A different kind of Christmas

This came to me from Jerry Gizdich of Hayward. Enjoy this different take on Christmas.

It was Dec. 24, 1944, on a clear, sunny day, and I was — thanks to my navigation classes — 2 degrees north of the equator at longitude 118 degrees, surrounded by an awful lot of water. On a large-scale map of the world, at this intersection you would find the island of Morotai. This island had been my home for the past several months. Home is where you are welcome. This island was the only one in the vast Pacific Ocean, within my range, that I could attempt to land on without getting shot. And at night, you could not even be sure of this. Nevertheless, the stars and stripes were always there to welcome us back. This was home sweet home.

Four of us were in one tent: two pilots and two co-pilots, four canvas cots, four blankets and no pillows (I really missed this item). There was a dirt floor, no lights and a bomb shelter behind the tent that got a little deeper each day (coral does not make for easy digging). In many ways, life was good. We were located in a coconut plantation that protected us from the sun and the prying eyes of the Japanese, who seemed to spend a lot of time looking us over. A sandy beach and a warm, clear ocean were only about a hundred yards away. There were no bills to pay, few chores and a total absence of political news — the so-called “food” we best leave alone. Our only job was to fly combat missions.

There were some exceptions to the rules. Our commanding officer this fine morning had stuck his head into our tent and caught me lying down. “Hey, Giz,” he said. “I need a good pilot to test-fly a repair job.” The “good” was thrown in when you were asked (told) to do something extra. Thus, here I was sitting on the end of the runway waiting for clearance from the tower for a local test flight. I had five members of the ground crew for company. There was a common belief that a repair job would have less chance of failure if the crew went along. Plus, they enjoyed it. We would make a pass over the part of the island held by the Japanese. Then they would be able to write home and say that they had been on a mission. The ground crew always did one hell of a job keeping these planes running. This time, there was no co-pilot to go through the facial contortions every time you did something the slightest bit different from him.

“Badger 25. Take-off position. You are clear for take-off.”

This message made our little world come to life inside this 2,000-horsepower B25 J27. Today the plane was loaded with five crew members, a pilot (who not long ago was delivering telegrams), 1,000 gallons of high-octane gasoline, 18 50-caliber machine guns, and various incidental parts. And we were all going to move in the same direction if the ground crew and the pilot didn’t mess anything up.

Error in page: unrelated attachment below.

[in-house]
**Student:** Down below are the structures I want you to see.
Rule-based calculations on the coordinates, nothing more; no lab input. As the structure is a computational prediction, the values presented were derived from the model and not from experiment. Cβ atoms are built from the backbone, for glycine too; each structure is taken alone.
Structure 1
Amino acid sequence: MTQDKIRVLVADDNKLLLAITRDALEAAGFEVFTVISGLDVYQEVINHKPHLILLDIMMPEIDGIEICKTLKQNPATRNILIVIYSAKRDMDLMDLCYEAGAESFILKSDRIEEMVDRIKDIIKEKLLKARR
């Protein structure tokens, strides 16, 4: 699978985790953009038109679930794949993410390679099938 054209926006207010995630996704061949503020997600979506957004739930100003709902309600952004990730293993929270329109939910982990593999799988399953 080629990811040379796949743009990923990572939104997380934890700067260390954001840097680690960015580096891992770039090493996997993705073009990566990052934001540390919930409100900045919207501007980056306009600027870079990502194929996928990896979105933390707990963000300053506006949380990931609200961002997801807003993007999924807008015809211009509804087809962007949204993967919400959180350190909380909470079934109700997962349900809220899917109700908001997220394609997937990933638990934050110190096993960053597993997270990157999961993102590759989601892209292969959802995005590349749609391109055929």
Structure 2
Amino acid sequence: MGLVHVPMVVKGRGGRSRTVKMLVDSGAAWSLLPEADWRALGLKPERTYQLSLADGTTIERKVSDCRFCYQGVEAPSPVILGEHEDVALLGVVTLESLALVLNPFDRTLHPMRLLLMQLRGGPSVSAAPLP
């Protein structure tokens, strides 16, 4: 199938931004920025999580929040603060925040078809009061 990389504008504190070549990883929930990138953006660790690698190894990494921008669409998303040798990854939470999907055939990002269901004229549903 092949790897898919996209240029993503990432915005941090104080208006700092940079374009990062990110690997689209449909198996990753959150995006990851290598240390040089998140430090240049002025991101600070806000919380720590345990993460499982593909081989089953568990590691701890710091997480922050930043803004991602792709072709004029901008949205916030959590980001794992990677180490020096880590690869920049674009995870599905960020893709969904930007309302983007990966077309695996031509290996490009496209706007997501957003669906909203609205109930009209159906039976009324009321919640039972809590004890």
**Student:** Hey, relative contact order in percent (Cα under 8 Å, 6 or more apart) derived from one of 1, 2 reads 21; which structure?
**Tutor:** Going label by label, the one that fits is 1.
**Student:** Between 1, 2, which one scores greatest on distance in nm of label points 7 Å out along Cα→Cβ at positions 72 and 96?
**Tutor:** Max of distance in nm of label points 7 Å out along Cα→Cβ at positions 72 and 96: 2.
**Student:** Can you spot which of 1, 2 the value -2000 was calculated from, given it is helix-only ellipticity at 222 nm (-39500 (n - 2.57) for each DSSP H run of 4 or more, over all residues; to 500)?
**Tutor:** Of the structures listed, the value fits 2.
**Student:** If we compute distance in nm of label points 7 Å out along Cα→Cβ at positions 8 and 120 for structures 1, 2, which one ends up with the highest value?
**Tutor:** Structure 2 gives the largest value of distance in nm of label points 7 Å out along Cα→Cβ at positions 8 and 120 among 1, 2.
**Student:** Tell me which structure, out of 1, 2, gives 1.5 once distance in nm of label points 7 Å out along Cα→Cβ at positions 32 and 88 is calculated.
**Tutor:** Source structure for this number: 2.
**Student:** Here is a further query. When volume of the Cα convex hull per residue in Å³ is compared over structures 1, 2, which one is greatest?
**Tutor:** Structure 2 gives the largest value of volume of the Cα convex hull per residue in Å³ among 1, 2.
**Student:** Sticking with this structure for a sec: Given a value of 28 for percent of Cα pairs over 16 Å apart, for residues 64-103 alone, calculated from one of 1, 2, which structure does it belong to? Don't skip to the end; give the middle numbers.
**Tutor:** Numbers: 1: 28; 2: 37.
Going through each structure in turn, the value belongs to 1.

Everything with reach went full-forward: two throttles, two prop controls, two fuel mixtures. And then everything started to shake, rattle and roll. You have never really heard noise until you’ve had a propeller traveling at 4,600 rpm inches from your ear. At this point, there wasn’t much left to do except steer the plane down the middle of the runway.

The idea was to reach 130 mph, our lift-off speed, before running out of runway. The runway was not made of concrete, nor was it several miles long. It was a metal mat with lots of holes in it, laid on top of sand. Someone once measured the length of a fully loaded B25 J27 take-off and then added 50 feet as a safety factor. This distance became the length of our runway. We were now rocking and rolling along like an unbalanced load in a washing machine. We were also approaching 100 mph and quickly running out of runway. My passengers had that “are we going to make it?” look. I just shrugged my shoulders. Then, as almost always, 50 feet from the end of the runway we hit 130 mph. I pulled back on the yoke and off into the wild blue yonder we went.

It was a beautiful day in our part of the world. Up at 5,000 feet, we could see the chain of islands that surrounded us. These islands were part of the Halmahera group, and they were all occuped by the Japanese. Half of these islands had air strips. We paid each other daily visits. They hit us during the night and at dawn. We, in turn, went over to their bases seriously during daylight, with harassing raids at night.

Fifty miles away, on one of their islands, the Japanese had a radio station that broadcasted propaganda messages day and night. The Japanese had promised they would light up our Christmas Eve with “lots of presents.” Since they had entertained us nearly every night for the past two months, we looked forward to Christmas Eve to be “business as usual.” Actually, my outfit was quietly and proudly licking its wounds after covering the Philippine Island landings at Leyte. Soon we would be moved to the next landing in Northern Luzon.

We were back on the ground again, safe and sound, with no complaints from anyone. We were now greeted with the news that for Christmas, there is beer for everyone! At this moment, it sounded like we had just won the war! In camp, the guys had already lined up, canteens at the ready, even though this beer news may have been nothing more than another latrine rumor. Even without the beer, spirits were running high — a welcome change for Christmas Eve.